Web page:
I never said and don’t believe that clerks who serve in the military are “unimportant”. On the contrary, I have basic respect for anyone who serves, including Alan Osmond.
My point is that Alan Osmond’s comments about what he did during the Vietnam War are in poor taste. He admits that he only joined the Army because he didn’t want to go on a Mormon mission. He felt that he would have more impact for his church if he stayed home and continued performing with his brothers. So he got a connection in the entertainment business to see to it that he could stay in California and be a clerk.
Alan Osmond was never in any actual danger, but he brags about how “awesome” his military skills were. I would think that if his skills were so excellent, it would have been more honorable for him to use them in support of his country. But his attitude seems to be that he was too “special” to do that; his job was to be a pop star so that he could spread Mormonism to the masses.
I am fully aware that there are many “cogs in the wheel” who serve in the military. Each and every one of them has the right to be proud of their service. However, I think bragging about being a typist during the Vietnam War era, especially as you imply that God had bigger plans for you to be a singing star, is very tacky. Moreover, there is a huge difference in simply being proud of one’s service and blatantly bragging about it on YouTube.
There is absolutely nothing wrong with members of the military who serve in non-combat roles. My husband went to Iraq, but basically had a desk job. There is also nothing wrong with people in the military who never see combat, but perform important supporting roles back home. My issue with Alan Osmond is that it’s inappropriate for him to boast about what he did during the Vietnam War era when so many people, not lucky enough to have family connections, went off to war and either died or came home permanently changed for the worse.
Watching and hearing Alan Osmond talk about how he did his bit for the Army and apparently God saved him from the jungles of Vietnam is rather infuriating. There were lots of loving, sensitive, talented young men drafted and sent off to Vietnam to fight in the war. A lot of them didn’t come back, and a lot of them were never the same when they did come back. The same has happened to plenty of people who went to Iraq and Afghanistan, though fortunately those wars have not been as personally devastating to as many people as Vietnam was. We do, at least, have more of an understanding for PTSD. There is more help available now. But it’s still such a real and scary thing that has ripple effects that extend far beyond just the person who has it. When I was a child and a teenager, and my dad would go into drunken rages and lose control of himself, I wasn’t thinking about how PTSD was making him act like that. I was internalizing the idea that he was hurting me because I was a bad person and he hated me. You see?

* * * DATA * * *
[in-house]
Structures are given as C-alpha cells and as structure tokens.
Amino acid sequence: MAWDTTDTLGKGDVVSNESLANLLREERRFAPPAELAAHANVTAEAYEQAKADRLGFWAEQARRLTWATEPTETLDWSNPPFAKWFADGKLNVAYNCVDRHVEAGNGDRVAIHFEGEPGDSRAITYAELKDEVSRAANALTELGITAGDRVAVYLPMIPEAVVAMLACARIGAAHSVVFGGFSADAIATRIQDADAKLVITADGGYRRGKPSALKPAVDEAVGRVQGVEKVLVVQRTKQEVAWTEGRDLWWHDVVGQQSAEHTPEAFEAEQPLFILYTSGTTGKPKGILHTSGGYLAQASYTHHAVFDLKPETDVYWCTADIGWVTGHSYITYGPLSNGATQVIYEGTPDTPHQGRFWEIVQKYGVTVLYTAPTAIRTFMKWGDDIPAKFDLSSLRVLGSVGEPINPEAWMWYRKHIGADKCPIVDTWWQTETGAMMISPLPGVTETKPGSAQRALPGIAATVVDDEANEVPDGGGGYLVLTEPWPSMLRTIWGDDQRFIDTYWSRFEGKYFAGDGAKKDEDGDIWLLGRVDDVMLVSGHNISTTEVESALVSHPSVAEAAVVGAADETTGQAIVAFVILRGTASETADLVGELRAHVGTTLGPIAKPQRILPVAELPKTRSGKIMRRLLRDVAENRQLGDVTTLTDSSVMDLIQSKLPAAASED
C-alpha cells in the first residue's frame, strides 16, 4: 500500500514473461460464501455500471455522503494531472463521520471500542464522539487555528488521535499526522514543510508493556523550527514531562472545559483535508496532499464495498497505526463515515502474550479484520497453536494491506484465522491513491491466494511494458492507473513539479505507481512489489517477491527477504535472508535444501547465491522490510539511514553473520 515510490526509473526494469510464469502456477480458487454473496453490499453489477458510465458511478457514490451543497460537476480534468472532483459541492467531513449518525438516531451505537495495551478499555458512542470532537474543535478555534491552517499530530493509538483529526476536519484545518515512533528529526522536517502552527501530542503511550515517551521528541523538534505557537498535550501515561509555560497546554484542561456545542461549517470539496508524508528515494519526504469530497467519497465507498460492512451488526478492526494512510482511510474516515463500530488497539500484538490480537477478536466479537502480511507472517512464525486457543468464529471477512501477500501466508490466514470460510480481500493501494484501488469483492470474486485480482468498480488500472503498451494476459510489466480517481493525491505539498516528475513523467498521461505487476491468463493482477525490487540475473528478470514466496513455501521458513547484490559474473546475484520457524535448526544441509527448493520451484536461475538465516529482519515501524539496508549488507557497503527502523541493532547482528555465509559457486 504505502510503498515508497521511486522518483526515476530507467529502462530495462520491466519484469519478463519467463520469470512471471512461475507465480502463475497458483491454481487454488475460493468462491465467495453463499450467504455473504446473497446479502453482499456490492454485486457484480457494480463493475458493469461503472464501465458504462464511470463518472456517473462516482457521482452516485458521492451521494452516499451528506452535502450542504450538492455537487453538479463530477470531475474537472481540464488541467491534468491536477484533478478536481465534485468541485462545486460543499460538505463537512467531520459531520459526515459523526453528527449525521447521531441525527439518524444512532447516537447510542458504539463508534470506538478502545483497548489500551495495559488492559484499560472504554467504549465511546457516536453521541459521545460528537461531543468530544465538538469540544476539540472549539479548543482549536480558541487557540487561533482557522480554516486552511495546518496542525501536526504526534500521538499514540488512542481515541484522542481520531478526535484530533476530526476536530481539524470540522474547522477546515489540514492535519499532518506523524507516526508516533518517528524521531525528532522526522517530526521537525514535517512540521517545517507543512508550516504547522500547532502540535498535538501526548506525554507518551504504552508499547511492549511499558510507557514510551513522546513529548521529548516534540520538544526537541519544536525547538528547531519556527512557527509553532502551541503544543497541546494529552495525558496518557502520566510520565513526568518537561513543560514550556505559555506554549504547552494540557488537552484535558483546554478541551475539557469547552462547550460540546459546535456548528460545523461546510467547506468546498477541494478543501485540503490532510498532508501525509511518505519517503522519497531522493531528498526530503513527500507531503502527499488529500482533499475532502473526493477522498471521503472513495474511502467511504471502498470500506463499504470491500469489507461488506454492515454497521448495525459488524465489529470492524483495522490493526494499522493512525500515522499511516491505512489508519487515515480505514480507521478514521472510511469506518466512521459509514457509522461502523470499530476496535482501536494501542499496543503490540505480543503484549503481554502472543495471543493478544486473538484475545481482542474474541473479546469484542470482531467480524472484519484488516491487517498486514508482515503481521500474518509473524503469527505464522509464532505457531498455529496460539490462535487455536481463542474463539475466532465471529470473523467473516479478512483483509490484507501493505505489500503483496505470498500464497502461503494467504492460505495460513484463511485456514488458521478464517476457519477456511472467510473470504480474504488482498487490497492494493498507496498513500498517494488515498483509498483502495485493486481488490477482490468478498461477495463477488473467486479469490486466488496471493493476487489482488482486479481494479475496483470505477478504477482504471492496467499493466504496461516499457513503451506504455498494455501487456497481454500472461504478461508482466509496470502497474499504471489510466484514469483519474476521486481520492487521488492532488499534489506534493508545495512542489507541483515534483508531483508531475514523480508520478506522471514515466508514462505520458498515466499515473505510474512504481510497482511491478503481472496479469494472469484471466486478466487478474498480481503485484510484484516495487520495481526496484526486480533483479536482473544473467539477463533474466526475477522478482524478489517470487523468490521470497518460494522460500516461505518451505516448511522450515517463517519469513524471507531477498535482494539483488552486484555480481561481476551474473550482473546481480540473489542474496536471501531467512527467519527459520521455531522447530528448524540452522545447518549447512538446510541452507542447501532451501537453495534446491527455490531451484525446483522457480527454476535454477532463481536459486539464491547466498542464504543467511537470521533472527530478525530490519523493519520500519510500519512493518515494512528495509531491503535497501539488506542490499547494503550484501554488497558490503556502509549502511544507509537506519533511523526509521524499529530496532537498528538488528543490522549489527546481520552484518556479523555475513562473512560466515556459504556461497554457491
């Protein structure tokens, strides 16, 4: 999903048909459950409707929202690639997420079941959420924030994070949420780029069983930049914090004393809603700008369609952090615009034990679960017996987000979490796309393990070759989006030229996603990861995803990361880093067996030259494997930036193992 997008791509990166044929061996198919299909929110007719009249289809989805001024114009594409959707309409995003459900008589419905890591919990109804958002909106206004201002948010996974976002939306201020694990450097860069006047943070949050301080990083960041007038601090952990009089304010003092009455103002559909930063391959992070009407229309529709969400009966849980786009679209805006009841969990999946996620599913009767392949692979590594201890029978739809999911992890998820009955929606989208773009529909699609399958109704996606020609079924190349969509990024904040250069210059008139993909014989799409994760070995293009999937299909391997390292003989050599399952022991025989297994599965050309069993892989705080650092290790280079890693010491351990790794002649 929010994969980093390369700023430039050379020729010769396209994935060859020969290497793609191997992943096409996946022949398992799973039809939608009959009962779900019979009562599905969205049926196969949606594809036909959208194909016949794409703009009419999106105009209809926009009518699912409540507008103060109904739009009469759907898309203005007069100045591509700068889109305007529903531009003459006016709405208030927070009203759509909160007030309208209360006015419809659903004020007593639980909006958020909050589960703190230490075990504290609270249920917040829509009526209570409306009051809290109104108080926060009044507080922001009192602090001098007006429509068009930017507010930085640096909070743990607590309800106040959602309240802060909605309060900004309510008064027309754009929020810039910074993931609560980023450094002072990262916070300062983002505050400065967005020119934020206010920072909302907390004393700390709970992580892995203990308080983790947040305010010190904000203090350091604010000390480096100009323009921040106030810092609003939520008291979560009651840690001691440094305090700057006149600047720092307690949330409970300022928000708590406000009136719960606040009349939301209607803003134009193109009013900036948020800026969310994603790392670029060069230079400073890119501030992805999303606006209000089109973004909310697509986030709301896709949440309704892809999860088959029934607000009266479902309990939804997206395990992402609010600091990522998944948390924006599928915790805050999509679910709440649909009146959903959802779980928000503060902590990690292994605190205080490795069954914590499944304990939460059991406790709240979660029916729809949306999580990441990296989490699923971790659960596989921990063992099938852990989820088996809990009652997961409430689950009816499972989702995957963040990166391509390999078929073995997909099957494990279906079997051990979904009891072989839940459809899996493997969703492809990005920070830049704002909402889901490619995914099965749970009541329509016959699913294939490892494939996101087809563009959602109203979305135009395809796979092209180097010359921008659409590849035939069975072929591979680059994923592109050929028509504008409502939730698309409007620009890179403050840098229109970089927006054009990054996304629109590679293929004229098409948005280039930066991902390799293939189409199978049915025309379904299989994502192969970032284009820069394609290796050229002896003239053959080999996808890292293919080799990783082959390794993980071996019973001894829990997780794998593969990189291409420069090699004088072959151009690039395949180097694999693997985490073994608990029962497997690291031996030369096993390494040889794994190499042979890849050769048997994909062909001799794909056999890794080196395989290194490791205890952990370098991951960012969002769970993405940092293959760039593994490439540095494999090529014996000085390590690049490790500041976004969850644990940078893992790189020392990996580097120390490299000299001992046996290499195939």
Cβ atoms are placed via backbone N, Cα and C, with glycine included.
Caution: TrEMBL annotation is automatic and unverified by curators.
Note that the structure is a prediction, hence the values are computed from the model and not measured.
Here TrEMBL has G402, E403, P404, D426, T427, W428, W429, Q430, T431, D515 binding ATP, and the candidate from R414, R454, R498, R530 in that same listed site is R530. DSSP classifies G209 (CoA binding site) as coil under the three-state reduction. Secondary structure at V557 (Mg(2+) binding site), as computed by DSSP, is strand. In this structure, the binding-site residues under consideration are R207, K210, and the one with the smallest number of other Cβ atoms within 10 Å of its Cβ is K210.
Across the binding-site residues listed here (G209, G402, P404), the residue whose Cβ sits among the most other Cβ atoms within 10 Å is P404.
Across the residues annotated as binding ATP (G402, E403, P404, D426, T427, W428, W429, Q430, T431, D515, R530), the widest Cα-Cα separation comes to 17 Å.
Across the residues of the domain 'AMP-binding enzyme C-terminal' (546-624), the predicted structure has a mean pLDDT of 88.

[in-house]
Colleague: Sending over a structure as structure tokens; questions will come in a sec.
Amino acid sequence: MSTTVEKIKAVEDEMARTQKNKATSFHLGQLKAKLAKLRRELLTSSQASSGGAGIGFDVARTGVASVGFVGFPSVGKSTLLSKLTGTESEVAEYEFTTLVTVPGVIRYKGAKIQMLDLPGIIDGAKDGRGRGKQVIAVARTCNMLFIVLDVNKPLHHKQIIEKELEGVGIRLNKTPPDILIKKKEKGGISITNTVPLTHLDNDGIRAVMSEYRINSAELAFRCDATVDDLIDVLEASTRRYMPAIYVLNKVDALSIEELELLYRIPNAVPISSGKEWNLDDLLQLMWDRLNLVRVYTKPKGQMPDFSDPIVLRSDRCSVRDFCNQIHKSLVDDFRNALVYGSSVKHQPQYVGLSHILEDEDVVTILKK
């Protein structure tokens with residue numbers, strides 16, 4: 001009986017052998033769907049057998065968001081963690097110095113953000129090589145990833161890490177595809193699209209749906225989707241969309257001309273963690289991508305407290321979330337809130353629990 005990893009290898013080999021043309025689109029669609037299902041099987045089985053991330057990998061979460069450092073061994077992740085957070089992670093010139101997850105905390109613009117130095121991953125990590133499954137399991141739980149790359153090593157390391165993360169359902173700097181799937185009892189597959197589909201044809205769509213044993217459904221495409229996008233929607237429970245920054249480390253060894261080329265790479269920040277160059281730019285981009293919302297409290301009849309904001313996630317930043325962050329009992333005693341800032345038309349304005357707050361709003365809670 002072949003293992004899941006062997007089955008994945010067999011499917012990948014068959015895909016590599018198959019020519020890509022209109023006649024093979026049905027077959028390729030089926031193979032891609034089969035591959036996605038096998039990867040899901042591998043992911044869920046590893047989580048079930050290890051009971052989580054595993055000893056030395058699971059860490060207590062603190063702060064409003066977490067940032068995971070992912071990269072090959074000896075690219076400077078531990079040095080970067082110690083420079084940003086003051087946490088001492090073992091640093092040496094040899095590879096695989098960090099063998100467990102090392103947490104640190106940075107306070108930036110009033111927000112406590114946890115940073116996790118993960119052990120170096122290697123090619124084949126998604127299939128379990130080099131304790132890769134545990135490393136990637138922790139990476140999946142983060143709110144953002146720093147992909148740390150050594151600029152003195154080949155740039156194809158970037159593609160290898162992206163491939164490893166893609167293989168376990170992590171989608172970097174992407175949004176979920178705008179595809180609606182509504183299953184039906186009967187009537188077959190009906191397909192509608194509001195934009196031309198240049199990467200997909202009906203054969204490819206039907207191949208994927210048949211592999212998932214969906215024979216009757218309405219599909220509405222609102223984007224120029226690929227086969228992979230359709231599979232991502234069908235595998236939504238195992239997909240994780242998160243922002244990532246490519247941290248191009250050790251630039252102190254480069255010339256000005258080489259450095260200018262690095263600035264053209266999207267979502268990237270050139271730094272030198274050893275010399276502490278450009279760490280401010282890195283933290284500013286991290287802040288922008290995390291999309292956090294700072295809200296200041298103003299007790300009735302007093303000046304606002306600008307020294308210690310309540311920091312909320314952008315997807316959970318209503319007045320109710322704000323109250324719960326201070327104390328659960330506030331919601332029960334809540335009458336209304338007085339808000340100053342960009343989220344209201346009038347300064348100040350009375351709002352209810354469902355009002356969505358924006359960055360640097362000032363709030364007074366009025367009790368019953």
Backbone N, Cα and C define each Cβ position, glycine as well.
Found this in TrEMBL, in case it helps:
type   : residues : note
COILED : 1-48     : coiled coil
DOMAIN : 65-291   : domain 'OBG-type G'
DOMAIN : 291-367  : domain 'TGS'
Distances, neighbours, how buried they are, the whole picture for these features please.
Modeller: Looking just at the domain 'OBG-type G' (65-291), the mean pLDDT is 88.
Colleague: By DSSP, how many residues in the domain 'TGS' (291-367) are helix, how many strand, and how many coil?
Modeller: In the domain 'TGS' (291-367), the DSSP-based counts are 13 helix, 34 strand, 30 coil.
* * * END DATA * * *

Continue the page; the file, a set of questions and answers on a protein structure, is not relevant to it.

But our relationship wasn’t always bad. Sometimes, it was lovely, and we could share positive things, such as the dance pictured above, captured at my wedding. We also often shared our mutual love for music. In 1986, my dad bought me a live cassette collection by Bruce Springsteen. Though I don’t remember being a big Springsteen fan before I got that collection for Christmas, I used to listen to it all the time and really got into Springsteen for awhile. One of the songs on it is a very poignant rendition of “The River”. Bruce introduces the song by telling his own story about not going to Vietnam… But his story is so much more respectful than Alan Osmond’s is…
When I was practicing social work, I had a client who was a veteran. He used to tell me war stories. I always got the sense that they were probably about 90% bullshit, as was a lot of the other stuff he told me (for instance, he lied to me about having cancer). I’ve been around veterans my whole life. One thing I have noticed is that a lot of them don’t want to talk about war. Even Bill, who only spent six months in Iraq behind a desk, was affected by his time there and what he was doing. The people who actually do things that warrant receiving awards that recognize their valor don’t usually want to talk about it.
When Bill visited my parents’ home the first time, he saw that my dad, who was an Air Force officer, had earned a Distinguished Flying Cross in Vietnam. It was before Bill had ever been deployed himself. Bill was impressed by my dad’s award, but my dad didn’t want to discuss it. He said that the reason he got the award was “bogus”. I have known my share of military folks. The ones who are brave and do things to legitimately earn those awards are usually very humble about it… because a lot of times, earning those awards involves doing things that they aren’t proud of or acting heroically in situations that end up haunting them for life.
And yet, there’s Alan Osmond talking about the “trophies” he won in basic training for being a great shot and fighting with bayonets so well because he could dance. It kind of makes me want to puke. If he was really that great, the military would have sent his ass to Vietnam, right? But no… he was a typist/clerk in California for a brief time. And he brags about it. Apparently, the Lord wanted him safely at home in the United States so he could be an entertainer and influence people to join his church. What self-important drivel! And Alan didn’t appreciate being called a “draft dodger”. He even commented on the video with more bullshit about promptings from “the spirit”. He was special because as a Mormon, God only speaks to and protects him and his ilk. The rest of the guys who went to Vietnam and came back damaged or dead were not special enough to be typists in California for “the cause”.